Shark Night 3D

Shark Night 3D

Shark Night 3D



Rating

Directed by David R. Ellis. Starring Sara Paxton, Dustin Milligan, Chris Carmack, Katharine McPhee, Chris Zylka, Alyssa Diaz, Joel David Moore, Sinqua Walls, Donal Logue, Joshua Leonard. Written by Will Hayes, Jesse Studenberg.

The popularity of cable the Discovery Channel’s Shark Week – referenced onscreen by one of the characters in Shark Night 3D – seems to be in direct opposition to the number of quality shark fiction in cinema, which you can probably count on one hand. I get one, Spielberg’s original Jaws, but you can also throw in Jaws 2, Deep Blue Sea, and Open Water if you’re feeling charitable, and films like The Reef if the prerequisite isn’t a direct focus on the sharks.

Recently, sharks have been limited to SyFy originals and direct-to-DVD fare like Sharktopus, Mega Shark vs. Crocosaurus, Sharks in Venice, and the Shark Attack movies. And despite an inflated budget, state-of-the-art 3D technology, and a worldwide theatrical release, that’s where the sharks remain in Shark Night, a relentlessly derivative, dull, and frequently idiotic movie that hopes to get by on the popularity of its title creatures alone.

After an opening that blatantly cribs from Jaws, Shark Night follows a familiar group of young adults – the hero, Nick (Dustin Milligan), the good girl, Sara (Sara Foster), the bad girl (Katharine McPhee), the comic relief (Joel David Moore), the airhead jock (Chris Zylka), the token black, Malik (Sinqua Walls), and his girlfriend (Alyssa Diaz) – to Sara’s Louisiana lakehouse, conveniently located on an isolated island without cell reception, hours from the nearest hospital.

Given that the island is surrounded by a freshwater lake, the characters are surprised when the sharks show their fins. How did they get there? Hurricane? Or maybe…someone put them there. The ultimate revelation is nothing less than insulting, and as the focus shifts away from the sharks as the film attempts in vain to explain itself, our patience wears thin.

It’s not really about the sharks at all: instead of Jaws, the film becomes an idiotic knockoff of Peckinpah’s Straw Dogs as our characters encounter backwoods hicks played by Chris Carmack and Joshua Leonard and the hard rock-lovin’ local sheriff (Donal Logue).

Most insulting is the portrayal of the sharks: here, they roar like dinosaurs, leap from the water to snatch their prey, and attack everything in sight. And they look and feel awful: despite animatronic effects credited to Walt Conti, I only ever noticed poor CGI work that makes the sharks about as convincing as those in Finding Nemo (admittedly, they are slightly better than the SyFy standard). There are some things CGI just can’t seem to get right, and sharks in motion – which look about the same here as in the widely ridiculed Deep Blue Sea – is apparently one of them.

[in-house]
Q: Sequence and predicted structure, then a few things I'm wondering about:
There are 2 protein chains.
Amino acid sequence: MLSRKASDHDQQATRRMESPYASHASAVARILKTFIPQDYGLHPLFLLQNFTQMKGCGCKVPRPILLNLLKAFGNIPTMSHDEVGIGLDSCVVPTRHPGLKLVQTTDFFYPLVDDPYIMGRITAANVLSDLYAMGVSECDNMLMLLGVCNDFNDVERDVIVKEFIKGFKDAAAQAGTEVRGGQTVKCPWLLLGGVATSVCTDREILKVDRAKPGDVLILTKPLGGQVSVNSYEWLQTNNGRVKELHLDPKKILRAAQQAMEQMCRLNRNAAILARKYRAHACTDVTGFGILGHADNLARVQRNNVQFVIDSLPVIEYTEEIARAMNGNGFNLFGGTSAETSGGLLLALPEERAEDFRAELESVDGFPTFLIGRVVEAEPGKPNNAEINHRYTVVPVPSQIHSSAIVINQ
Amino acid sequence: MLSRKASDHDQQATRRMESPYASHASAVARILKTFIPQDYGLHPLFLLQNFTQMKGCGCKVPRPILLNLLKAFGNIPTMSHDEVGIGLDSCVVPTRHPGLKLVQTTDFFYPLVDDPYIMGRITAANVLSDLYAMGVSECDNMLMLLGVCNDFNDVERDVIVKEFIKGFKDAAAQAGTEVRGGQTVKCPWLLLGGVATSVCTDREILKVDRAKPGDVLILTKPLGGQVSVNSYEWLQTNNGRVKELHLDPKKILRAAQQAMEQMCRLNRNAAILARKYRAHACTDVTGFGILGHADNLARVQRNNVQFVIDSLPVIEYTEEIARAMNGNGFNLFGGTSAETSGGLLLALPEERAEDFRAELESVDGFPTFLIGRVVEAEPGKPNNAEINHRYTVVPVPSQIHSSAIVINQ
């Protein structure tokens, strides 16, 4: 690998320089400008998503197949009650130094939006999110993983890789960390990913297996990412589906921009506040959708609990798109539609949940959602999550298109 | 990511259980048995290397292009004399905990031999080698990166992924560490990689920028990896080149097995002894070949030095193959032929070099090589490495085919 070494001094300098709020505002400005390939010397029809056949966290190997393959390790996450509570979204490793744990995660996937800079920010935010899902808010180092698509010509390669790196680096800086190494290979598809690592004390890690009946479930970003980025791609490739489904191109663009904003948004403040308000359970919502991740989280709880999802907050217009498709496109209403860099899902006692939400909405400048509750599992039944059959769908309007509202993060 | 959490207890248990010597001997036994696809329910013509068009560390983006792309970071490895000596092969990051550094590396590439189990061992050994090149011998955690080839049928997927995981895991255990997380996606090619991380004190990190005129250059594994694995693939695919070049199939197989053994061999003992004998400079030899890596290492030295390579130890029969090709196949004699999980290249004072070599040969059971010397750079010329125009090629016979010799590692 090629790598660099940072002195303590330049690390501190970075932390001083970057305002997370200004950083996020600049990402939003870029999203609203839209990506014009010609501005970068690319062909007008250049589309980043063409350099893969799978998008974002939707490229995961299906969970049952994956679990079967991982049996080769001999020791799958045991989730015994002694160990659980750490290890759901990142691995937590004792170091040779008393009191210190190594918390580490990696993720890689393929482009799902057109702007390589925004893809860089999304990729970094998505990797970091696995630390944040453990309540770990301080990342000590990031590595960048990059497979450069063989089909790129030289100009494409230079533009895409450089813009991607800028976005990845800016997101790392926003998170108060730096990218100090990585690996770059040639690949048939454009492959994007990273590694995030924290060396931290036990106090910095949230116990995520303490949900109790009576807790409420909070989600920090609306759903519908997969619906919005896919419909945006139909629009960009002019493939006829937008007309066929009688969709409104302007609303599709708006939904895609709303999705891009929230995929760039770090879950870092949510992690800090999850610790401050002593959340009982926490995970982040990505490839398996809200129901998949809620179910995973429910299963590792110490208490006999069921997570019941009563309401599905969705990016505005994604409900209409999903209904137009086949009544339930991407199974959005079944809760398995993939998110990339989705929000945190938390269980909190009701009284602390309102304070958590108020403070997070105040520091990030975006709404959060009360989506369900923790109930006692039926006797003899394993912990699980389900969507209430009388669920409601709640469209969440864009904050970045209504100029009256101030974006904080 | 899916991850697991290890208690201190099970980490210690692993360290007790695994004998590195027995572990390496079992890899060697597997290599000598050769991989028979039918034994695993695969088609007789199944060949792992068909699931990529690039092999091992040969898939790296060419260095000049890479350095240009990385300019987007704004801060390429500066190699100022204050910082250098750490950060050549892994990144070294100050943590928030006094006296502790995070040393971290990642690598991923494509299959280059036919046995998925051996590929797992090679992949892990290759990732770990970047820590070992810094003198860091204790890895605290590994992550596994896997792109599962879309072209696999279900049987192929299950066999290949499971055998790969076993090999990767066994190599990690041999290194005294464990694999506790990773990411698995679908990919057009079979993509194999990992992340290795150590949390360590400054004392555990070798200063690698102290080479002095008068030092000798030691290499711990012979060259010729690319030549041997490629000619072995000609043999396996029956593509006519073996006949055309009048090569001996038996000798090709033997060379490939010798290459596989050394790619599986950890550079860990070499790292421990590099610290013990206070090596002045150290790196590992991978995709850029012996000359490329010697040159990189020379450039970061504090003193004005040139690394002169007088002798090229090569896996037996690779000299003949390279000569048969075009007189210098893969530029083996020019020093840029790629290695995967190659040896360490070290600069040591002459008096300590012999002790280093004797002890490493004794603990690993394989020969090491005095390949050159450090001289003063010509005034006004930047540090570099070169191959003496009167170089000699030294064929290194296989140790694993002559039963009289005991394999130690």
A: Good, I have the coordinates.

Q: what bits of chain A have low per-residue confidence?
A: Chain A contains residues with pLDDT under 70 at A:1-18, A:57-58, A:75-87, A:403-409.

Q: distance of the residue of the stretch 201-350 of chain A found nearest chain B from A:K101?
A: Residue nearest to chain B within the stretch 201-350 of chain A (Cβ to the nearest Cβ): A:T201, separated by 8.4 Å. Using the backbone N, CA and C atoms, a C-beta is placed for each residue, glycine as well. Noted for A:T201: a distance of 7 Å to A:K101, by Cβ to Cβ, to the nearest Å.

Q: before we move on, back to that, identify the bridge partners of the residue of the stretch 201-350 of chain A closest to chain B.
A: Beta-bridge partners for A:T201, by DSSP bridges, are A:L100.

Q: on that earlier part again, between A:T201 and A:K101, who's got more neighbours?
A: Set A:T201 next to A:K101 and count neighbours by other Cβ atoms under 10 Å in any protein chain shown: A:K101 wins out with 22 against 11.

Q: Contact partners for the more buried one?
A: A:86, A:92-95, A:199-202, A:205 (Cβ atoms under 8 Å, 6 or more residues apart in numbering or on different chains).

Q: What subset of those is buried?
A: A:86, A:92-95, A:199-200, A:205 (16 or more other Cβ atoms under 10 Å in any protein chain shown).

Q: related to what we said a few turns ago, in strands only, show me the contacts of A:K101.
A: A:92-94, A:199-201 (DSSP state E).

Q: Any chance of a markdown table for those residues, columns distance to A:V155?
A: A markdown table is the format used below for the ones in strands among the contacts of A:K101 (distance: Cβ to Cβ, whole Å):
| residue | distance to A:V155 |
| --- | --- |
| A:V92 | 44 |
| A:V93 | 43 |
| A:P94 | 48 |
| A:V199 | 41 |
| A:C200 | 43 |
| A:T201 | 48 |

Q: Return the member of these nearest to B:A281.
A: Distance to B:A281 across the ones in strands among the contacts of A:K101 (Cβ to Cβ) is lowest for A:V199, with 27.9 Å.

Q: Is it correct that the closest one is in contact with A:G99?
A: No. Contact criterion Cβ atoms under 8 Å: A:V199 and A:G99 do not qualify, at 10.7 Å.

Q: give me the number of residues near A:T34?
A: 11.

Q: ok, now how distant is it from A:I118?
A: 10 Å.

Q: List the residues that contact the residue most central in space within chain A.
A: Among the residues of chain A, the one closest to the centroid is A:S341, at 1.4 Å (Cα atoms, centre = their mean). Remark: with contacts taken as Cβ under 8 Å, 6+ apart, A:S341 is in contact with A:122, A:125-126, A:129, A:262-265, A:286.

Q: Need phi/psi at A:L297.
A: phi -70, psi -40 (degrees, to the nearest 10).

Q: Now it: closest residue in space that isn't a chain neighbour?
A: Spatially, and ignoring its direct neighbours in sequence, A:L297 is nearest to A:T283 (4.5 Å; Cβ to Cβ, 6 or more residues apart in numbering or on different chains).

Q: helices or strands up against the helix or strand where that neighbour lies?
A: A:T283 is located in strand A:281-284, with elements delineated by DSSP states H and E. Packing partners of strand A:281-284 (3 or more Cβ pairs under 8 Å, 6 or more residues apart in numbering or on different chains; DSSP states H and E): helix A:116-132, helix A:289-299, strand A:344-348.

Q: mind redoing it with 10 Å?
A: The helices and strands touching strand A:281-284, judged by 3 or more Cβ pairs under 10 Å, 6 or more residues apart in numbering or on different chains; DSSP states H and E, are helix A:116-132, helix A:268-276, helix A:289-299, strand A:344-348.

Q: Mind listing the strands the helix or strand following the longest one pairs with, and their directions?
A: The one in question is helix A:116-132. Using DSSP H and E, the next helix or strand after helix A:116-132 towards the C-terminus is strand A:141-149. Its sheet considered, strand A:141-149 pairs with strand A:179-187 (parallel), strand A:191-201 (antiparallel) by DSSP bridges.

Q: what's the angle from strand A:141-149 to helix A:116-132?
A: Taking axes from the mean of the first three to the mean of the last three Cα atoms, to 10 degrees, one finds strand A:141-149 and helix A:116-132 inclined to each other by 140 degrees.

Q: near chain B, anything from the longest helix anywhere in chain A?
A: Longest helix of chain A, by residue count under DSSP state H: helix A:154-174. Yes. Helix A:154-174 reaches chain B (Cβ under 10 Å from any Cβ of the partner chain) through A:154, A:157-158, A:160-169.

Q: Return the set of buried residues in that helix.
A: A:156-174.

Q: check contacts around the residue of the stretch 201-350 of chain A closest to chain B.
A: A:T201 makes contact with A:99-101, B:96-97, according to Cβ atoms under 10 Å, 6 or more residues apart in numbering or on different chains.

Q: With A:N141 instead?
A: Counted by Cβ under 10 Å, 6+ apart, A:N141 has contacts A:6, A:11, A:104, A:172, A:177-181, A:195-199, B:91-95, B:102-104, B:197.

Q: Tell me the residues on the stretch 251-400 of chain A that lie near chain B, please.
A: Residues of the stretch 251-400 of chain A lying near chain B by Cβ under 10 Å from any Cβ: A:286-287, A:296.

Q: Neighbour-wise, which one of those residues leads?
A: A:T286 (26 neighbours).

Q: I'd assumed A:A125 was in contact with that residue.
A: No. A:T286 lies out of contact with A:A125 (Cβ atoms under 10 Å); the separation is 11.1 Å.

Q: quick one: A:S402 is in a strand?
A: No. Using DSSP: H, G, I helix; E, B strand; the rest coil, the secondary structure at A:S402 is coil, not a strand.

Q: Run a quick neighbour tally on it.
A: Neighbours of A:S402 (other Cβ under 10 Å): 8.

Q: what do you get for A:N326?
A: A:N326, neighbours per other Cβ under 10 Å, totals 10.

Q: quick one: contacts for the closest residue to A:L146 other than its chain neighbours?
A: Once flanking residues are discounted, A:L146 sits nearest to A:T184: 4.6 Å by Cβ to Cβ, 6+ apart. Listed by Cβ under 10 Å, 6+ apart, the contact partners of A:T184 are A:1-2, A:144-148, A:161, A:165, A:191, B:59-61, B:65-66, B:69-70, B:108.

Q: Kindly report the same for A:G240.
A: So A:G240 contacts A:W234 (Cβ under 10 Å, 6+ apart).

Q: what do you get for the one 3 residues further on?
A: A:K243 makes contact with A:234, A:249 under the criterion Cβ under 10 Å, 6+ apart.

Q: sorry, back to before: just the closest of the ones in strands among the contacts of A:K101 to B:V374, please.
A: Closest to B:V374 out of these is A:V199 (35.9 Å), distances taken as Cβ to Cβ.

Shark Night
was directed by David R. Ellis, who had previously made such high-concept films as Cellular, Snakes on a Plane, Final Destination 2, and The Final Destination. Even by the standard set by those films – which knew what they were, and derived some guilty pleasure because of that – Shark Night is surprisingly poor.

The saving grace is the 3D, which is technically proficient and truly looks excellent in underwater scenes, which have a real sense of depth. In this regard, Shark Night bests the film it will be compared to, last year’s Piranha. But only in the 3D: Alexandre Aja’s film was an unexpectedly smart and funny gorefest that packed a real wallop in scenes of mass carnage (Shark Night, tamed down to a PG-13, contains no nudity and muted violence) and is highly recommended as an alternative.

Be sure to stick around after the credits for the best thing Shark Night has to offer: Shark Bite, a music video parody of the film performed by most of the main cast. It’s fun in an SNL parody kind of way, but nowhere near Land Shark.



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